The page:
For the first time ever, the North Carolina Prosecutors’ Trial Manual is available to the general public for purchase from the School of Government bookstore. The brand-new Fifth Edition, completely revised by my colleague Bob Farb, is offered here in PDF format. It costs $175 and weighs in at over 950 pages, covering nearly every aspect of criminal procedure.
In other news:
- The court of appeals just reversed Superior Court Judge Orlando Hudson’s dismissal of charges in State v. Dorman, a Durham murder case. In a nutshell, the defendant was charged after an investigation that began when authorities learned that he was storing human bones in a backpack at his home. The state’s experts analyzed the bones, but they were released to the victim’s family and were cremated before defense experts could test them. Judge Hudson determined that this was an irreparable statutory and constitutional discovery violation and dismissed the case. The court of appeals praised Judge Hudson’s “diligence and persistence” in protecting the defendant’s rights but reversed, ruling that it was premature to conclude that the defendant suffered irreparable harm. The court has now reversed Judge Hudson in both of the murder cases at the center of former Durham District Attorney Tracey Cline’s removal proceeding. Judge Hudson told the News and Observer that “[i]t was her actions, not my actions,” that led to Cline’s removal. Neutral fact-finders have agreed so far, but Cline’s appeal of her removal was itself just argued before the court of appeals.
- Much, much farther afield is disturbing news from South Africa. Oscar Pistorius, a/k/a the Blade Runner, a double amputee sprinter who became the first Paralympian to run in the Olympic Games, has been arrested and charged with murdering his girlfriend, Reevan Steenkamp. Pistorius shot her at 3 a.m. through the door of the bathroom adjoining his bedroom. The prosecution claims that the shooting followed a quarrel. The defense claims Pistorius thought an intruder was in the bathroom. The lead investigator has just been replaced after himself being charged with multiple counts of attempted murder. It’s a circus, and a tragedy.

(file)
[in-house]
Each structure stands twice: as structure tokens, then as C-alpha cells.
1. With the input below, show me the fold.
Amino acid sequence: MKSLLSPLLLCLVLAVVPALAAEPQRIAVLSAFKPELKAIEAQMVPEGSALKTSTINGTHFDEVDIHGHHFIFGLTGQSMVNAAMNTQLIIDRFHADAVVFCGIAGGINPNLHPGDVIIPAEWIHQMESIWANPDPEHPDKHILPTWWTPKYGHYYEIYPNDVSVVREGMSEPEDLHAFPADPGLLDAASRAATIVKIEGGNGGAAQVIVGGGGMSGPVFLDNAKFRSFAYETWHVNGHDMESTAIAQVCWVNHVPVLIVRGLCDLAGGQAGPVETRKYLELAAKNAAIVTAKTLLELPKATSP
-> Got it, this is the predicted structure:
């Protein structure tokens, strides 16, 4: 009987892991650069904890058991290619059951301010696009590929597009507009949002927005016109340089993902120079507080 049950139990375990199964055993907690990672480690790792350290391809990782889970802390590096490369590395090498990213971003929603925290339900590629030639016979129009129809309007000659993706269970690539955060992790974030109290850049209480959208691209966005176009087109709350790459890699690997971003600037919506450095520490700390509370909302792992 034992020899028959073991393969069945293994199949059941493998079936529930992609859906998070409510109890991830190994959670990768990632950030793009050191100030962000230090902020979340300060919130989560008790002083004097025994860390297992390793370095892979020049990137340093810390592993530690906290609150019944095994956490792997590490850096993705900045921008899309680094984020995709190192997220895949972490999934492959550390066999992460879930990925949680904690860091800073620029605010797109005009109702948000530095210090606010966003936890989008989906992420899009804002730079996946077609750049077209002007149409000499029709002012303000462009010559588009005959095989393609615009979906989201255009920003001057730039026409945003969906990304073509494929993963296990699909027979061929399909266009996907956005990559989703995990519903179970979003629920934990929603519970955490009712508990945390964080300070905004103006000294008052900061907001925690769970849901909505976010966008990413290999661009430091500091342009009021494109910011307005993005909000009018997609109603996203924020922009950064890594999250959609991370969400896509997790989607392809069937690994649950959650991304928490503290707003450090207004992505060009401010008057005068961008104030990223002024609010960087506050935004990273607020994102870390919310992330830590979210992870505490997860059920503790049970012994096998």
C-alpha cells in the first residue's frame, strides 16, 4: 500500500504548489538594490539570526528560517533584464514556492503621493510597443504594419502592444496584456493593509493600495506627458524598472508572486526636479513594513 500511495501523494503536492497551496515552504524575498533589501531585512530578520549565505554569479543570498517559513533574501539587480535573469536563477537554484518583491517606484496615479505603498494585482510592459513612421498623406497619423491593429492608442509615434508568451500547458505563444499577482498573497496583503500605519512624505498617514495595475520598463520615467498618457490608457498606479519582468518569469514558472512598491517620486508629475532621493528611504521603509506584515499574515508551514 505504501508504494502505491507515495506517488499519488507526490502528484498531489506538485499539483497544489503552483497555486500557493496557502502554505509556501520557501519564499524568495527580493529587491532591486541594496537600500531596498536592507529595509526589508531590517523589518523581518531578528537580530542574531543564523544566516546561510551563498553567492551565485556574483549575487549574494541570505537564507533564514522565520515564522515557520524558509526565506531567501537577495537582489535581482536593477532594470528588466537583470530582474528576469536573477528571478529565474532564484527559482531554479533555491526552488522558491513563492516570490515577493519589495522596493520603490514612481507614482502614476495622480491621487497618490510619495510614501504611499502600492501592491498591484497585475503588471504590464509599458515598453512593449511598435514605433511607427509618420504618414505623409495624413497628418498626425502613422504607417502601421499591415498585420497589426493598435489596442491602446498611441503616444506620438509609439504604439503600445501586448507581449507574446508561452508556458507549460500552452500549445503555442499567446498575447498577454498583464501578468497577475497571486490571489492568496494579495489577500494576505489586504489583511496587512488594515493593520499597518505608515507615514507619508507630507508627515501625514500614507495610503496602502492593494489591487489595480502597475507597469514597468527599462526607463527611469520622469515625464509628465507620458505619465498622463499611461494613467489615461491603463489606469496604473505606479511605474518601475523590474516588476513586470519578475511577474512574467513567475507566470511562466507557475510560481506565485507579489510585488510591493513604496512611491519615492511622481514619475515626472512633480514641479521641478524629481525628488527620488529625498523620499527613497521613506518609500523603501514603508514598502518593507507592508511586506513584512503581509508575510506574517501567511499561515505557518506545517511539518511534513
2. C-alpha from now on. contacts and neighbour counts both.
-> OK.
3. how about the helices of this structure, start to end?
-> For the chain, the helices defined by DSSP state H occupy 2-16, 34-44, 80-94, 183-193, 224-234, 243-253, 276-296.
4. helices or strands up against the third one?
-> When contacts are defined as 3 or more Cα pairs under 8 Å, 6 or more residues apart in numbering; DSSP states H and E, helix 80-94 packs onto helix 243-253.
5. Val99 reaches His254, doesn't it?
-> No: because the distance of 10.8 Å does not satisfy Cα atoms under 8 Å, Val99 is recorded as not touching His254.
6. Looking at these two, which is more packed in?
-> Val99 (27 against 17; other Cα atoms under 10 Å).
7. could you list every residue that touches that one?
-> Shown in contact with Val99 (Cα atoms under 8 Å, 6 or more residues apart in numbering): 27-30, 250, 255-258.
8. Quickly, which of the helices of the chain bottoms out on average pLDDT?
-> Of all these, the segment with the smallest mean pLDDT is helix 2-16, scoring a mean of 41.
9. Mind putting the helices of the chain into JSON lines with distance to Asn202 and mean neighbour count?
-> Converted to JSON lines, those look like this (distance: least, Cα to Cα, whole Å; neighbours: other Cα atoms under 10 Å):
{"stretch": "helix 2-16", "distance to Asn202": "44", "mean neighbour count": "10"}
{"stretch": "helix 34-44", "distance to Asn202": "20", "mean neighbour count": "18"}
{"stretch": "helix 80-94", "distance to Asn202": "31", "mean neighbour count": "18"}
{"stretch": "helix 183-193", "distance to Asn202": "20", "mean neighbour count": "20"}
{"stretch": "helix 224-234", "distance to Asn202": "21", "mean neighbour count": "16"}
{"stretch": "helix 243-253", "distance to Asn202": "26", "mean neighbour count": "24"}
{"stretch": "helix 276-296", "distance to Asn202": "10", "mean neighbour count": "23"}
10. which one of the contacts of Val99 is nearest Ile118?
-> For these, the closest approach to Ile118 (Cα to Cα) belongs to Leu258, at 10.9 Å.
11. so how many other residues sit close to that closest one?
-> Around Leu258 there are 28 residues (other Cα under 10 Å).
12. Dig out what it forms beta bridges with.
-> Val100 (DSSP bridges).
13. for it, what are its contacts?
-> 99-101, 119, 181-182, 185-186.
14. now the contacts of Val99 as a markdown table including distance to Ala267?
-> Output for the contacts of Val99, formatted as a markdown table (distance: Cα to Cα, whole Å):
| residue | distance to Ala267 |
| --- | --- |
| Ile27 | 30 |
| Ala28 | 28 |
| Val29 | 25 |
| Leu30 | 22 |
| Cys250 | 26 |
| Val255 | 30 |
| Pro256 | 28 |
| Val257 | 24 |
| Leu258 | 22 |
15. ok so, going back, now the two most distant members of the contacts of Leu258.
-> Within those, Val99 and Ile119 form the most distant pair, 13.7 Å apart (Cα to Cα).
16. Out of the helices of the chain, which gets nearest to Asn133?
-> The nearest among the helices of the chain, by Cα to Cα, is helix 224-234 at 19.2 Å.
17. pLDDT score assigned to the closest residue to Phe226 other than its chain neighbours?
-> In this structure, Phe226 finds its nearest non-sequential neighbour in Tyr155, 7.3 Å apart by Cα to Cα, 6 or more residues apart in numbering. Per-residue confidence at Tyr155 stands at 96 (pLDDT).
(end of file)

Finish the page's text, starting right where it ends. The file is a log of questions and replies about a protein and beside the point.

- Influential conservative columnist George Will just published this piece, arguing that the widespread use of solitary confinement in prisons, especially so-called Supermax prisons, is cruel, unusual, unnecessary, counterproductive, and torturous. Other than that, he likes it.
- In other cheery news, the United States Sentencing Commission recently released a report analyzing racial disparities in federal sentencing. The Wall Street Journal summarizes that “[p]rison sentences of [similarly-situated] black men were nearly 20% longer than those of white men . . . . [and] [t]hat racial gap has widened since the Supreme Court restored judicial discretion in sentencing in 2005. . . . The commission, which is part of the judicial branch, was careful to avoid the implication of racism among federal judges, acknowledging that they ‘make sentencing decisions based on many legitimate considerations that are not or cannot be measured.’” The full report is here. The North Carolina Sentencing and Policy Advisory Commission produces annual reports – the latest one is here – but they do not appear to address whether racial disparities in sentencing exist. If you know of North Carolina studies on point, please weigh in.
- In Georgia, Warren Lee Hill was granted a last-minute stay of execution after three experts, who had previously testified for the state that Hill was not mentally retarded, changed their minds and endorsed the diagnosis. The Atlanta Journal Constitution has the story, which has attracted international attention, here. Hill was incarcerated for murdering his girlfriend when he beat another inmate to death with a board. The case has drawn attention to the fact that Georgia, the first state to ban execution of the mentally retarded, is now the only state that requires defendants to prove mental retardation beyond a reasonable doubt.
- Finally, remember that Colorado has legalized the recreational use of marijuana, but not its sale. Lo and behold, innovative Colorado merchants are now offering marijuana as a free gift – with a qualifying purchase of other merchandise. The Denver Post has the story, a testament to human ingenuity, here.